David Jackson, Merichem Process Technologies, USA, explores H2S removal with liquid redox processes.
Liquid redox is a process used to remove hydrogen sulfide (H2S) from sour natural gas and other gas streams by converting it to solid elemental sulfur for sale or disposal. It is based on a reduction-oxidation reaction carried out in an aqueous solution and catalysed by iron which is held in solution by organic chelating agents. The spent solution is then circulated to an oxidiser to be regenerated with air and reused. This process forms solid sulfur particles that can be easily filtered from the solution. As shown in Figure 1, the typical applications are streams where the total amount of sulfur removed is greater than 0.5 tpd and less than 20 tpd. Liquid redox processes are not usually economical for streams that contain very small amounts of sulfur, where the total amount is less than several hundred pounds per day.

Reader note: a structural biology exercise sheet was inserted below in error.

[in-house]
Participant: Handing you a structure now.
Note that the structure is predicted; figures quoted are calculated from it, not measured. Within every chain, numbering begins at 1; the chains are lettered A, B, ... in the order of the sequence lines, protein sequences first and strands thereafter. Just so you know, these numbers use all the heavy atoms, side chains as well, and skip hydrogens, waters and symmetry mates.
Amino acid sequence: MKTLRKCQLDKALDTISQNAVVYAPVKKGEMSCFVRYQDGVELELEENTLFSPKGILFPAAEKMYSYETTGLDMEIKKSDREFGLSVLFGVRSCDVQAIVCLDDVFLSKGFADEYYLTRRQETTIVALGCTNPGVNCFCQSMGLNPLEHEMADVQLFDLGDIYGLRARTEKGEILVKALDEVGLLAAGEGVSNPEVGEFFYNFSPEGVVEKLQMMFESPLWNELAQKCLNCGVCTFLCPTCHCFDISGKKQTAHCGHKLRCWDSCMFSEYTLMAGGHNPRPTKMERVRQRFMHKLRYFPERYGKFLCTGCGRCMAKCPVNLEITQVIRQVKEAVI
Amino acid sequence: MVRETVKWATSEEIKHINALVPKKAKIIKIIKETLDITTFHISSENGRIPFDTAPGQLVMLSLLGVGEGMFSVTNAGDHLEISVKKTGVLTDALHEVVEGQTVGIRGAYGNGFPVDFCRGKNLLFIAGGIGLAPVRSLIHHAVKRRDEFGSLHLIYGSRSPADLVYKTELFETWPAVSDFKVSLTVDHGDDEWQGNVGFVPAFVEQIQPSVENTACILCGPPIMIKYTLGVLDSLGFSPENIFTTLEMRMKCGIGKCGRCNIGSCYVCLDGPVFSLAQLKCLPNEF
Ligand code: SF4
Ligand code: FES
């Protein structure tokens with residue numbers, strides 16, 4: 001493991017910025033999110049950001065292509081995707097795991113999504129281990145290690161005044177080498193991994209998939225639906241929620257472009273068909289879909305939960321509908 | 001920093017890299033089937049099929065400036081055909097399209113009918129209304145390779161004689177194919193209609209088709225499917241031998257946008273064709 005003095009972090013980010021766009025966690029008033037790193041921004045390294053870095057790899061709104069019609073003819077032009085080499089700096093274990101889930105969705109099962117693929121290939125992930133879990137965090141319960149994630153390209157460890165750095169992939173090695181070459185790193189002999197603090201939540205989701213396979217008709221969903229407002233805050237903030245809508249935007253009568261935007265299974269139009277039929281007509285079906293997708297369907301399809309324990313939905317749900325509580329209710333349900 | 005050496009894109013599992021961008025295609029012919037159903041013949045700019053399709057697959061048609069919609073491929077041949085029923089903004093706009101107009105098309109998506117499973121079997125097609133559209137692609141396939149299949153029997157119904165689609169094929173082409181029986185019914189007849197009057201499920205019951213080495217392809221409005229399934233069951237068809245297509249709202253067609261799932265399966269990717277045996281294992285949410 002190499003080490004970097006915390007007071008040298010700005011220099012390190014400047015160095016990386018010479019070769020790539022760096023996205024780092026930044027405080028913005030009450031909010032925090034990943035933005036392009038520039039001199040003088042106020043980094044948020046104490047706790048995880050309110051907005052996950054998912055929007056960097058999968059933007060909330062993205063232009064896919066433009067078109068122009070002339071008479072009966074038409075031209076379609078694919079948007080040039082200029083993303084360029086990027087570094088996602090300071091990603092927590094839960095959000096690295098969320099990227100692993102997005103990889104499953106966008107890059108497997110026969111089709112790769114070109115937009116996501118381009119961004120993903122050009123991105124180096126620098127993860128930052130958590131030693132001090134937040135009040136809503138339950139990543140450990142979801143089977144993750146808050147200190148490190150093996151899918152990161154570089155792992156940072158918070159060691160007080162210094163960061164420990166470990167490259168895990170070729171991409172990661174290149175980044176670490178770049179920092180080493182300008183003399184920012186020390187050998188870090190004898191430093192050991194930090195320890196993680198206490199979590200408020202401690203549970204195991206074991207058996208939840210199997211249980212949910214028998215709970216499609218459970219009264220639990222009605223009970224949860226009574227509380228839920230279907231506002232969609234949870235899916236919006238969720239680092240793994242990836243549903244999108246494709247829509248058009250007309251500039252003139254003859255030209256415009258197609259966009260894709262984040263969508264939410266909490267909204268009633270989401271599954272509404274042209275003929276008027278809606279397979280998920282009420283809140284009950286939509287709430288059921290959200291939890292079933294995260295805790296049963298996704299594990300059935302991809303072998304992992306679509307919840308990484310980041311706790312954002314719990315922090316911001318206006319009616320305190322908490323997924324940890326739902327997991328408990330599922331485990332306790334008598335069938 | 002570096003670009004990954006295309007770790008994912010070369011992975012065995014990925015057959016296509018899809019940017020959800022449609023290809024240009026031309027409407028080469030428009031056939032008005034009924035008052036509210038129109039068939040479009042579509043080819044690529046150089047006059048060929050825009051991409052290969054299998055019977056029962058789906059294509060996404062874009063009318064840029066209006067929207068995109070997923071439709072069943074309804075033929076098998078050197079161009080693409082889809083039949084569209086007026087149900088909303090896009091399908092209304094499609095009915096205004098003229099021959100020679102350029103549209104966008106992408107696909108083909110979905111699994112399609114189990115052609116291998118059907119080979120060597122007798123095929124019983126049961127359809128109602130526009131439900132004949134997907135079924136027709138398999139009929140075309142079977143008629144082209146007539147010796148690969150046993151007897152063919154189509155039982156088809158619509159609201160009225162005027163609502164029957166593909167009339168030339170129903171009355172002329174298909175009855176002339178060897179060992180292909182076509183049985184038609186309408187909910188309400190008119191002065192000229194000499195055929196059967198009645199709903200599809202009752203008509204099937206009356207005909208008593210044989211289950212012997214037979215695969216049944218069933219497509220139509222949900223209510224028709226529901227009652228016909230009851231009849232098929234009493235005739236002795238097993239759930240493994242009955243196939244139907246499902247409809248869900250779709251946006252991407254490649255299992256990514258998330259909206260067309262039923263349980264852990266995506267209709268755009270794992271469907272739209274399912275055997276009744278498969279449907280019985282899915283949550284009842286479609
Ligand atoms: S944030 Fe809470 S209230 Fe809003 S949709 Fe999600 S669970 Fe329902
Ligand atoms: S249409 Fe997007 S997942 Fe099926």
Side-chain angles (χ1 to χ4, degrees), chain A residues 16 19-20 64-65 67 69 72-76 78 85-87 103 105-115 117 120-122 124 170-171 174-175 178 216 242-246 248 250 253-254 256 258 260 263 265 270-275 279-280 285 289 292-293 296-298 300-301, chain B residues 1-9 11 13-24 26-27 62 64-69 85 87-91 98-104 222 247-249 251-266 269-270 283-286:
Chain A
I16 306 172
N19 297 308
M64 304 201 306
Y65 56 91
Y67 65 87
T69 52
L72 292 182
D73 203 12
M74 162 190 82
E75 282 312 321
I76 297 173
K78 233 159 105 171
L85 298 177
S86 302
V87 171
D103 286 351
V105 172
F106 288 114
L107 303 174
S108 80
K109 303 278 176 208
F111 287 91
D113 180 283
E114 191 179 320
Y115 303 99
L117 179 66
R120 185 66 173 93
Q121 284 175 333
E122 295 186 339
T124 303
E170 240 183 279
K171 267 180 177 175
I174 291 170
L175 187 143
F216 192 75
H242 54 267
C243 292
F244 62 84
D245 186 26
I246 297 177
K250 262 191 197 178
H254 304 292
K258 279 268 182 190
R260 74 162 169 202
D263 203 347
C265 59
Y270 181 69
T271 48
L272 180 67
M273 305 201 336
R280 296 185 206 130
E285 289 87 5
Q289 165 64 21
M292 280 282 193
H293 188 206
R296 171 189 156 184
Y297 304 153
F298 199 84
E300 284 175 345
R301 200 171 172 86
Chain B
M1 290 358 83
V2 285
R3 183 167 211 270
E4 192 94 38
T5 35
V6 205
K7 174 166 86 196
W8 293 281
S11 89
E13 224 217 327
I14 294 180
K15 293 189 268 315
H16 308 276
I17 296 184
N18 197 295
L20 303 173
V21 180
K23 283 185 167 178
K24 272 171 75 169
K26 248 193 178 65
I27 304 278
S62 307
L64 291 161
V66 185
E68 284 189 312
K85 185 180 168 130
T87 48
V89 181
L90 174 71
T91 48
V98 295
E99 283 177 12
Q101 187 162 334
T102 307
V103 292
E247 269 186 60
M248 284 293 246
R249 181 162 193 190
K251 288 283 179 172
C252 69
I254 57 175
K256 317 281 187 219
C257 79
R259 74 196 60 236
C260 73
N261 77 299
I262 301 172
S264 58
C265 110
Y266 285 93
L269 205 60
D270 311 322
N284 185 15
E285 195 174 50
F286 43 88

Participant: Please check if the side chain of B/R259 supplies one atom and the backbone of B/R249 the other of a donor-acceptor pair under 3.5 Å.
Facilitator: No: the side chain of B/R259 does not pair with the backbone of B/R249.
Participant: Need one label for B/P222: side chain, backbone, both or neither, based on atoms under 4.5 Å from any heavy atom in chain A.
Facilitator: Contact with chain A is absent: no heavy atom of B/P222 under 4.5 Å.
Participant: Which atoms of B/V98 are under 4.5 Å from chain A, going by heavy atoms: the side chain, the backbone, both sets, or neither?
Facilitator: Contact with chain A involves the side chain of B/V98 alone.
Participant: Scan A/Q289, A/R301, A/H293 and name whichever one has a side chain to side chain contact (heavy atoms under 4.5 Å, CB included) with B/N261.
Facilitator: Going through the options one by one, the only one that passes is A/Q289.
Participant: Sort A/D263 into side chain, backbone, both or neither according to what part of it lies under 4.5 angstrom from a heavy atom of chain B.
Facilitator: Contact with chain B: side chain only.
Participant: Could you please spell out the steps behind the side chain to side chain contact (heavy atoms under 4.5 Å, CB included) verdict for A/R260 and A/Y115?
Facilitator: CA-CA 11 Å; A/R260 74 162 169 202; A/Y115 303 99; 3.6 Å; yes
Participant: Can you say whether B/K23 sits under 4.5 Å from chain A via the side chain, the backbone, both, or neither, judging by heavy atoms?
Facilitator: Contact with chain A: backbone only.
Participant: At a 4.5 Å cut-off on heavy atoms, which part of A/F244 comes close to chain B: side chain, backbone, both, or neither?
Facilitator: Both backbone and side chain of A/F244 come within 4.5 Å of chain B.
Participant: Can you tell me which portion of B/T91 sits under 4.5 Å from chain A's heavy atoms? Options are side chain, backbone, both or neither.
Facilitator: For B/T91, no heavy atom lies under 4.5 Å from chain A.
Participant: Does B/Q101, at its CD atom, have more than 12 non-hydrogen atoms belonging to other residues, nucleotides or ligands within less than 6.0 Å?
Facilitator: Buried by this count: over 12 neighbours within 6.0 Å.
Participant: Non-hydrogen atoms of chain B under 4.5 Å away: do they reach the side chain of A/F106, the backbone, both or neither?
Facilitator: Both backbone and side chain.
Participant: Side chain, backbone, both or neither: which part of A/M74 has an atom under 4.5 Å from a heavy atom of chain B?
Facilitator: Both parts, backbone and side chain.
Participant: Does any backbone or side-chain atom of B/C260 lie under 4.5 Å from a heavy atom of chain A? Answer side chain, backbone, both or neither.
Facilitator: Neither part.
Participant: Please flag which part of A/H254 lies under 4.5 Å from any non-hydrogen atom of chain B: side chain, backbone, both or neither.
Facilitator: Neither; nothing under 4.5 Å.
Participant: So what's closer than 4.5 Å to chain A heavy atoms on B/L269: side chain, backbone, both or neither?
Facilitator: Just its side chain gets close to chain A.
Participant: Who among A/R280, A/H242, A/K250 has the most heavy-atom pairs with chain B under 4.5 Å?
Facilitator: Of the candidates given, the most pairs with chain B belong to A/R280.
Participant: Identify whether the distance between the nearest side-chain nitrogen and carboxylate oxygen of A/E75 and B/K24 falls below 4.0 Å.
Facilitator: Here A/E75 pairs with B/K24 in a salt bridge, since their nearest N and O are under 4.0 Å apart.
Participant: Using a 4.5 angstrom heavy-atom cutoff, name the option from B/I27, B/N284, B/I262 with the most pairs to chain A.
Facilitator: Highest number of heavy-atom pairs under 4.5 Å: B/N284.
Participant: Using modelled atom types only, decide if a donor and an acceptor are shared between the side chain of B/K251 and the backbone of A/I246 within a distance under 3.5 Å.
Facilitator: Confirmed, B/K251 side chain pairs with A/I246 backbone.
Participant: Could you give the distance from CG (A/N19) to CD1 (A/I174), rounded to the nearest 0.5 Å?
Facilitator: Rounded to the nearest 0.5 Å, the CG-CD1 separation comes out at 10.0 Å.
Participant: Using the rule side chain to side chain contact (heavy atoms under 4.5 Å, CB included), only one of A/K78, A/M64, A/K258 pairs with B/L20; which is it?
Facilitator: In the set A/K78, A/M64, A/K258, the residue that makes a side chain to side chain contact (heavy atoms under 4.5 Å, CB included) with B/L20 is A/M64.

The niche for liquid redox processes can be found between two extremes – sour gas streams with high concentrations of H2S and a constant throughput near the design point, here the Claus process is utilised, and those with very dilute H2S concentrations, where non-regenerable scavengers are applied in towers or by direct injection. Liquid redox can process virtually any kind of gas stream and, as a result, the technology has been applied in a wide variety of applications to achieve 99.9%+ H2S removal in a single stage.
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